THE SECRET IDENTITY: Let me just talk more about this. This should be the main source of suspense but no. Seriously, it’s very unbelievable that no one caught the fact that Sentinel is Adrian and Insomnia is Nightmare and Nova. (This is not a spoiler ’cause it’s revealed as soon as Chapter 1.) Adrian and Nova are so obvious. There are plenty of times where their hidden identities are mentioned and they would cough or something like that. You know what I mean. Especially Adrian. He’s so obvious. And wow, every time and I mean every damn time, their secret identities would show up, Nova and Adrian are the only ones that’s missing. So how come no one noticed.
THE CHARACTERS: Nova, first of all, has a Filipino and Italian heritage. And there are two gay dads who I adore. I actually don’t have complains (except the dialogues) on the characters while reading but when I’m done with the book for the second time, I realized something big. With Nova, the author really did a great job at showing Nova’s personality-a personality that’s obviously greatly influenced by her uncle and her hatred on Renegades. By the way, Nova is one of the Villains, the Anarchists, and we all know that a good villain is someone who thinks that she’s in the right. And you can see that in Nova.
In fact, you can see it in all of the Anarchists. They are my favorite characters and they’re the villains. It’s because aside from the general objective of the Anarchists, each of the villains has their own individual THING that separates them from the other villains. They have their own personalities and my favorite is Winston, the Puppeteer. There was even a scene that my heart cried for him.
But the Renegades. It seemed to me that the characters of the Renegades are all about being Renegades. They became their mission. Renegades are heroes, and all the characters who are Renegades are just that. They’re just like ‘We’re heroes and we believe in Justice and that’s all we are.’ No other distinct personality that would separate them from other renegades. I think the only difference between every Renegade character is their power. That’s just bad characterization.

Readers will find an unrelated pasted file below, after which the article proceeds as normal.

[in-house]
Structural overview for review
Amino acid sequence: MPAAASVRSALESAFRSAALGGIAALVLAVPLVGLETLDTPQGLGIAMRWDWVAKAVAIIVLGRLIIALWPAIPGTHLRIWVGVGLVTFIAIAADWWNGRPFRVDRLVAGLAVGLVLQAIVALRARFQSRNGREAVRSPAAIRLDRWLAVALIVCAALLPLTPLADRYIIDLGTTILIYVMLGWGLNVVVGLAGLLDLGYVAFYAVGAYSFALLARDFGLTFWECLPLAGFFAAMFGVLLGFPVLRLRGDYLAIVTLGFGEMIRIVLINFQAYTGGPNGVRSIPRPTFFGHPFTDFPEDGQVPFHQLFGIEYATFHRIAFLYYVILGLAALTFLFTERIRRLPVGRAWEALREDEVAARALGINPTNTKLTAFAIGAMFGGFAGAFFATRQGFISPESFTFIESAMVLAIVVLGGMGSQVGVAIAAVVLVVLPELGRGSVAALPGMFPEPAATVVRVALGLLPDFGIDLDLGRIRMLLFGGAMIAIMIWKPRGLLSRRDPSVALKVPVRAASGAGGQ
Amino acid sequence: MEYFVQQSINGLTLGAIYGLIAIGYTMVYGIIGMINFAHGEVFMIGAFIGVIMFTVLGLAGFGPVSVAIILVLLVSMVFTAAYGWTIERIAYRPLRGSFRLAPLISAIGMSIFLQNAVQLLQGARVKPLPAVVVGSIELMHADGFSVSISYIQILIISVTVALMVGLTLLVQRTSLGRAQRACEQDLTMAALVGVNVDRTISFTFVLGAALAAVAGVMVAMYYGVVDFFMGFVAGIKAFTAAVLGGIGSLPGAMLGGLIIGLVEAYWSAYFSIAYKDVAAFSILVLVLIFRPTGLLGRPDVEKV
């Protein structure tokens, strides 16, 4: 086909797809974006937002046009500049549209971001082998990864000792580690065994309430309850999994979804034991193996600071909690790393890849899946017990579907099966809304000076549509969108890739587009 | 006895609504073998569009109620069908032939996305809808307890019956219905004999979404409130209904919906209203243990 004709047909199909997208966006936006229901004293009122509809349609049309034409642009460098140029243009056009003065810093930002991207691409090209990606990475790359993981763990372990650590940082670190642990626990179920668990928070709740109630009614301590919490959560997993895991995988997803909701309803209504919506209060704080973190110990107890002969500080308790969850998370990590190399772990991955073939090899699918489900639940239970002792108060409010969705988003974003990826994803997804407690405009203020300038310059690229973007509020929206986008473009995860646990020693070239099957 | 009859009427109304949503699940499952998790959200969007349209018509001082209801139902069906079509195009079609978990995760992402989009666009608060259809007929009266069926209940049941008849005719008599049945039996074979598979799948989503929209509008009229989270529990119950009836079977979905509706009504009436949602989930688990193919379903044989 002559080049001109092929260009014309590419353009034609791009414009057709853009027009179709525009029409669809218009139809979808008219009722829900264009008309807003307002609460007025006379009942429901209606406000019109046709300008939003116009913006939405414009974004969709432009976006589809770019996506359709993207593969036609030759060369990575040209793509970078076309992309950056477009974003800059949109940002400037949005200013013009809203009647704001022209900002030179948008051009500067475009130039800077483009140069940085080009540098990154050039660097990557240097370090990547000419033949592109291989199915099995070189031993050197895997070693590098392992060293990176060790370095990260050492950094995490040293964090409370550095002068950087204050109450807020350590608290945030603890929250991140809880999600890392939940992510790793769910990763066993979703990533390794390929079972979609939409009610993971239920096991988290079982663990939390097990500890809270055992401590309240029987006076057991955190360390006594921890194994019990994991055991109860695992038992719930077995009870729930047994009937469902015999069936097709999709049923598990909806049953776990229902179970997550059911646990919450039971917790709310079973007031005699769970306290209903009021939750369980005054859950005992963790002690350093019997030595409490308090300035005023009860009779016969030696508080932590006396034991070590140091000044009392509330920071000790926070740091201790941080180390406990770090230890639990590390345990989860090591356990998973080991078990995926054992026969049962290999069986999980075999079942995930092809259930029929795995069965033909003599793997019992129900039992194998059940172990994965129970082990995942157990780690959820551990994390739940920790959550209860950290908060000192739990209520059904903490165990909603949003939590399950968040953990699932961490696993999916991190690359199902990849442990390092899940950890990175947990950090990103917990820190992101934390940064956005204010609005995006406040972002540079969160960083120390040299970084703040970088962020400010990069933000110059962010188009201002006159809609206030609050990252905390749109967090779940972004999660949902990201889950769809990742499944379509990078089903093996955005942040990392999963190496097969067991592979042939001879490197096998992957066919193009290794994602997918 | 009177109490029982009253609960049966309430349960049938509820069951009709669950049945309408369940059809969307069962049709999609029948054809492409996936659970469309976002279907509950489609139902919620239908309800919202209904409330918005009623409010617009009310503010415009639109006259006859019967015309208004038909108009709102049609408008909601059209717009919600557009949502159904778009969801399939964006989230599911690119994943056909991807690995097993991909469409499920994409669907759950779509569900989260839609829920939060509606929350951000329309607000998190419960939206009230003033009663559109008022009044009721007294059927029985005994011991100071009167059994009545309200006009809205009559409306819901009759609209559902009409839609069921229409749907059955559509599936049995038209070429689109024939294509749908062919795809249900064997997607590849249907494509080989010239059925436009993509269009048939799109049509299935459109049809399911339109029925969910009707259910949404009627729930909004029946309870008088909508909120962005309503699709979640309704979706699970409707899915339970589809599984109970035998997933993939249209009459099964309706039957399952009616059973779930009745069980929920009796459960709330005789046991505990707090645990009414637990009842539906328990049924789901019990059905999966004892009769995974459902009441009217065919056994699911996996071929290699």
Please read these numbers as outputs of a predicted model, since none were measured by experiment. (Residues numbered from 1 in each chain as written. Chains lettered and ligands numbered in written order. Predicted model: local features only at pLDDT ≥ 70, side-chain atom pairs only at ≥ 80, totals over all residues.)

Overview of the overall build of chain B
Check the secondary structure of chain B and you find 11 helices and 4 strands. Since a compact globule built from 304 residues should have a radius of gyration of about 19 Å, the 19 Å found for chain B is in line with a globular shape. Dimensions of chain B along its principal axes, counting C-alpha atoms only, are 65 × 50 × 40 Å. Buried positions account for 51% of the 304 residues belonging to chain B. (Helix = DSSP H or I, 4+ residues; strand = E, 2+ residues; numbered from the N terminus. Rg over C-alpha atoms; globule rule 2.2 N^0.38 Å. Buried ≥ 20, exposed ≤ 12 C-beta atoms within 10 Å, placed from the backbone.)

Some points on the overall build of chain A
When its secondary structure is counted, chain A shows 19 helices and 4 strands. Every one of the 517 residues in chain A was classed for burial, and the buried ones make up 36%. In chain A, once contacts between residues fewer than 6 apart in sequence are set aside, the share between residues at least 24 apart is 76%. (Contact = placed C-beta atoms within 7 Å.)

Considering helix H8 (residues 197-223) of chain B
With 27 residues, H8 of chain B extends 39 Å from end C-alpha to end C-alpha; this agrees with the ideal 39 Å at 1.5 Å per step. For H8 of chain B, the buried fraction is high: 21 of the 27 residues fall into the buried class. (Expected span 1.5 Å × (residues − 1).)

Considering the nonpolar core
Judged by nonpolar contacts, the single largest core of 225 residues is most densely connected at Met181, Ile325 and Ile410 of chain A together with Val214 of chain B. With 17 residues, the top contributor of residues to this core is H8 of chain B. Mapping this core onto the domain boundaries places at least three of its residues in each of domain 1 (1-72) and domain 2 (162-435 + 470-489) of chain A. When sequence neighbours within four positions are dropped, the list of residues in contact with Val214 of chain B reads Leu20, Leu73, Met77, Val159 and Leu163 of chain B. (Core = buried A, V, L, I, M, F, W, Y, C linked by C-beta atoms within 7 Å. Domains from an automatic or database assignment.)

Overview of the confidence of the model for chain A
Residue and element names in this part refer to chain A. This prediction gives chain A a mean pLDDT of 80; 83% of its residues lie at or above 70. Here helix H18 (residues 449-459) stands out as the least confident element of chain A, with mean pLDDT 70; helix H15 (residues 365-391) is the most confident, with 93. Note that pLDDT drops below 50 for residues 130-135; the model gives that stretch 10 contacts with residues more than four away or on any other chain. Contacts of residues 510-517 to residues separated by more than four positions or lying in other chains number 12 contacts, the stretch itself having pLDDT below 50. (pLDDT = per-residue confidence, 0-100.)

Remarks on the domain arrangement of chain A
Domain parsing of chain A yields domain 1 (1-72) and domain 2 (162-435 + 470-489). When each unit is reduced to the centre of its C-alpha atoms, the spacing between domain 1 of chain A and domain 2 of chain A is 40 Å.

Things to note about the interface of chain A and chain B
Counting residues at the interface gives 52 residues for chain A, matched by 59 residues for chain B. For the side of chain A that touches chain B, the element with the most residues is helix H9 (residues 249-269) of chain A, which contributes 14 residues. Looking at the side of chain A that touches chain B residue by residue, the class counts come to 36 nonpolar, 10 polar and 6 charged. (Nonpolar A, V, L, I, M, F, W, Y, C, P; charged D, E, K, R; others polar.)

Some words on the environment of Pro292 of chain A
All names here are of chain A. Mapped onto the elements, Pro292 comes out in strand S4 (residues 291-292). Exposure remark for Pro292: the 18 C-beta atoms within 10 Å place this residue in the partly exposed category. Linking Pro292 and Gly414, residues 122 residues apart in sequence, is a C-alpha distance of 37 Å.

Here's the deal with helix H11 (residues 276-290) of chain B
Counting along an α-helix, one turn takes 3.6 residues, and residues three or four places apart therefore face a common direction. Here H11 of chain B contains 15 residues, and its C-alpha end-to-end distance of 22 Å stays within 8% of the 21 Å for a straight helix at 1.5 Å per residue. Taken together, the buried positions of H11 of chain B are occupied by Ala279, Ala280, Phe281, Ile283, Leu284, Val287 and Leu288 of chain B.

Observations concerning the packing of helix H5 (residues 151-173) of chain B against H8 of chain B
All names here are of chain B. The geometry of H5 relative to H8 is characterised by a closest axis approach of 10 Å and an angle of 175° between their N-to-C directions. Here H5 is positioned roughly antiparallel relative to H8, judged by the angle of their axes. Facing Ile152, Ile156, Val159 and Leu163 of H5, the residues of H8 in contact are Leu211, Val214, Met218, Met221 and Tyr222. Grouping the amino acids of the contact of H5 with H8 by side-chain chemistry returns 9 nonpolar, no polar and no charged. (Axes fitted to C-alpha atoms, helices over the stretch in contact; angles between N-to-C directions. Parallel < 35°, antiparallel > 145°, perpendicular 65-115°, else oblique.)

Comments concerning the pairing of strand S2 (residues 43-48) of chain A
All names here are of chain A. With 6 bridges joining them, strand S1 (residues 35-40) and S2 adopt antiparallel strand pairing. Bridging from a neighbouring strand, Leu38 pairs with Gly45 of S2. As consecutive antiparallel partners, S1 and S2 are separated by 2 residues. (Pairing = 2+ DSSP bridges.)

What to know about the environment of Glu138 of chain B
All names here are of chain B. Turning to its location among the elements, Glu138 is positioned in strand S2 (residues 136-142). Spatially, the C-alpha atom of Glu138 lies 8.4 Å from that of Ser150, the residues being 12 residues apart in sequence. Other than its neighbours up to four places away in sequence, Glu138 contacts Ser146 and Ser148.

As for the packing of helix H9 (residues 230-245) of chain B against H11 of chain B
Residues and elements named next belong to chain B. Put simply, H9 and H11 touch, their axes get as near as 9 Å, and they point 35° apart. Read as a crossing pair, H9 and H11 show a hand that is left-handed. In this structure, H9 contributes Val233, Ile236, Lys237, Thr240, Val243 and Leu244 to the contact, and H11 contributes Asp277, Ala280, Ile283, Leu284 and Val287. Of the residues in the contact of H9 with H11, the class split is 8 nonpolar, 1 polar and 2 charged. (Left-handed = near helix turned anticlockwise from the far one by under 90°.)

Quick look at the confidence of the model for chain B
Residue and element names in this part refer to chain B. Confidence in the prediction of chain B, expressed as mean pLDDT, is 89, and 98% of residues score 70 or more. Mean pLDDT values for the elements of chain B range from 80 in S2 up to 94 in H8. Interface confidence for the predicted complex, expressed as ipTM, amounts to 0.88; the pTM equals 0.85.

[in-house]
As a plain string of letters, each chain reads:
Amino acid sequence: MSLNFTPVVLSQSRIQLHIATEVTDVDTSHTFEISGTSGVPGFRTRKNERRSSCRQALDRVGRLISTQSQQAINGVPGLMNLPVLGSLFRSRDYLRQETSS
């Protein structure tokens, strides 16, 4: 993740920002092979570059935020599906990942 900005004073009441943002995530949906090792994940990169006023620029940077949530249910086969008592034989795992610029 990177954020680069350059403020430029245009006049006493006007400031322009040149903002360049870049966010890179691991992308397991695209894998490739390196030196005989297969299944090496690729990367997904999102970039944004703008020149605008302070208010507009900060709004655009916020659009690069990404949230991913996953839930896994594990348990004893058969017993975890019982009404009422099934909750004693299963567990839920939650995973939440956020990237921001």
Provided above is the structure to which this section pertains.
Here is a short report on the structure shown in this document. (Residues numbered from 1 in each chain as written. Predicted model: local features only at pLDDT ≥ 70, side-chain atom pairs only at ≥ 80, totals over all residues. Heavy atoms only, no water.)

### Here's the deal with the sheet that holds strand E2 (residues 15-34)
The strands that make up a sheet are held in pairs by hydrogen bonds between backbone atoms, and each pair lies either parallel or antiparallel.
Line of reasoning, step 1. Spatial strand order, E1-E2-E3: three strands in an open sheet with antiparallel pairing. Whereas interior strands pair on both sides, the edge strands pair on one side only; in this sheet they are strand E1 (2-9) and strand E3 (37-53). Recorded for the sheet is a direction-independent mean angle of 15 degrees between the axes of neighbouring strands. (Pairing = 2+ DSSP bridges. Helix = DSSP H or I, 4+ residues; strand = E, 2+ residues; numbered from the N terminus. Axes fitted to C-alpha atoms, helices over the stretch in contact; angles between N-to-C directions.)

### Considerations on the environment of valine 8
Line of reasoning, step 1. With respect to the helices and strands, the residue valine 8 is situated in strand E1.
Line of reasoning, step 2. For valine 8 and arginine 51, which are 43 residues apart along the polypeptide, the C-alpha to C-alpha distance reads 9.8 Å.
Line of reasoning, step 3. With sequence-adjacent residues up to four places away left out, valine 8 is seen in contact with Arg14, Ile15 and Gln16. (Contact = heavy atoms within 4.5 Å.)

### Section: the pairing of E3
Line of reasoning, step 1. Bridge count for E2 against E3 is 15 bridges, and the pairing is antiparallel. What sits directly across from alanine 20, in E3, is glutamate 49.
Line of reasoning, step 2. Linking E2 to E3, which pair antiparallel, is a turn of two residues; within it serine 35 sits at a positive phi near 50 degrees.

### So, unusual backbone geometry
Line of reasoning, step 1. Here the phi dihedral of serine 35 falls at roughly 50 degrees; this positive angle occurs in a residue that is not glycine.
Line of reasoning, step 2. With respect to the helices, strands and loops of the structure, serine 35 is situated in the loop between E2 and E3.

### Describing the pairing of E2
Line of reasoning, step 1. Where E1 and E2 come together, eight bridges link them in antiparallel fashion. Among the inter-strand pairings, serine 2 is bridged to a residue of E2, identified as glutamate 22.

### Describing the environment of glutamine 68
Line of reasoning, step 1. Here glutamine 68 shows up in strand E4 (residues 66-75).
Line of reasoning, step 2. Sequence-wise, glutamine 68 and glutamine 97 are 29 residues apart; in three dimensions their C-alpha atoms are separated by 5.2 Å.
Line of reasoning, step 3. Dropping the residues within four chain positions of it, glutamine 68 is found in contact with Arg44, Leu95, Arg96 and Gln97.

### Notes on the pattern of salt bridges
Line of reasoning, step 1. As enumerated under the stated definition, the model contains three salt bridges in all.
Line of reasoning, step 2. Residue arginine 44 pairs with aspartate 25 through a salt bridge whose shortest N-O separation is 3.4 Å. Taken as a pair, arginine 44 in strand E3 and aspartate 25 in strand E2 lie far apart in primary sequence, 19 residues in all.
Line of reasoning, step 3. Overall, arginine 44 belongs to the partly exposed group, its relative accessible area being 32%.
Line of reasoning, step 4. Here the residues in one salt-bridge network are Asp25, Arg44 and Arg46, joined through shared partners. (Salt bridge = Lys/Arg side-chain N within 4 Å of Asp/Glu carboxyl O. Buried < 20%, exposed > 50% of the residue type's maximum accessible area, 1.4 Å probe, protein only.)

AND THEN THE DIALOGUES: Ugh! So cringe-y. I love superhero movies. I grew up as a DC fan and now there’s Marvel. I love those cringe-y lines, but here, they’re just too much. Seriously, I can’t stress this enough. I wanted to give you some examples of the dialogues but when I tried, I figured they’re not as cringe-y as they are in books. So I’ll wait for you guys to read the book and then let’s talk about the dialogues.
Overall, this book has plenty of flaws but there are good things in it too. Like I said, I love the World-Building, The Ending and The Anarchists. I am really curious about the Anarchists. I want to know all their backstories, especially Winston, the puppeteer and Phobia. And oh Max, the 11(or 12) year old kid. He’s one of the most interesting characters in the whole book.
My rating really went down big time. This never happened to me after a reread and I’ve reread a hundred books. I’m not even exaggerating. I’m a real fan of reread. I’ve never lowered a rating, taking 1.5 stars. Usually I would take .5 star but 1.5? Never.
So did this ever happened to you? What book made you change your original rating? Have you read this book? Or are you going to? Tell me in the comments.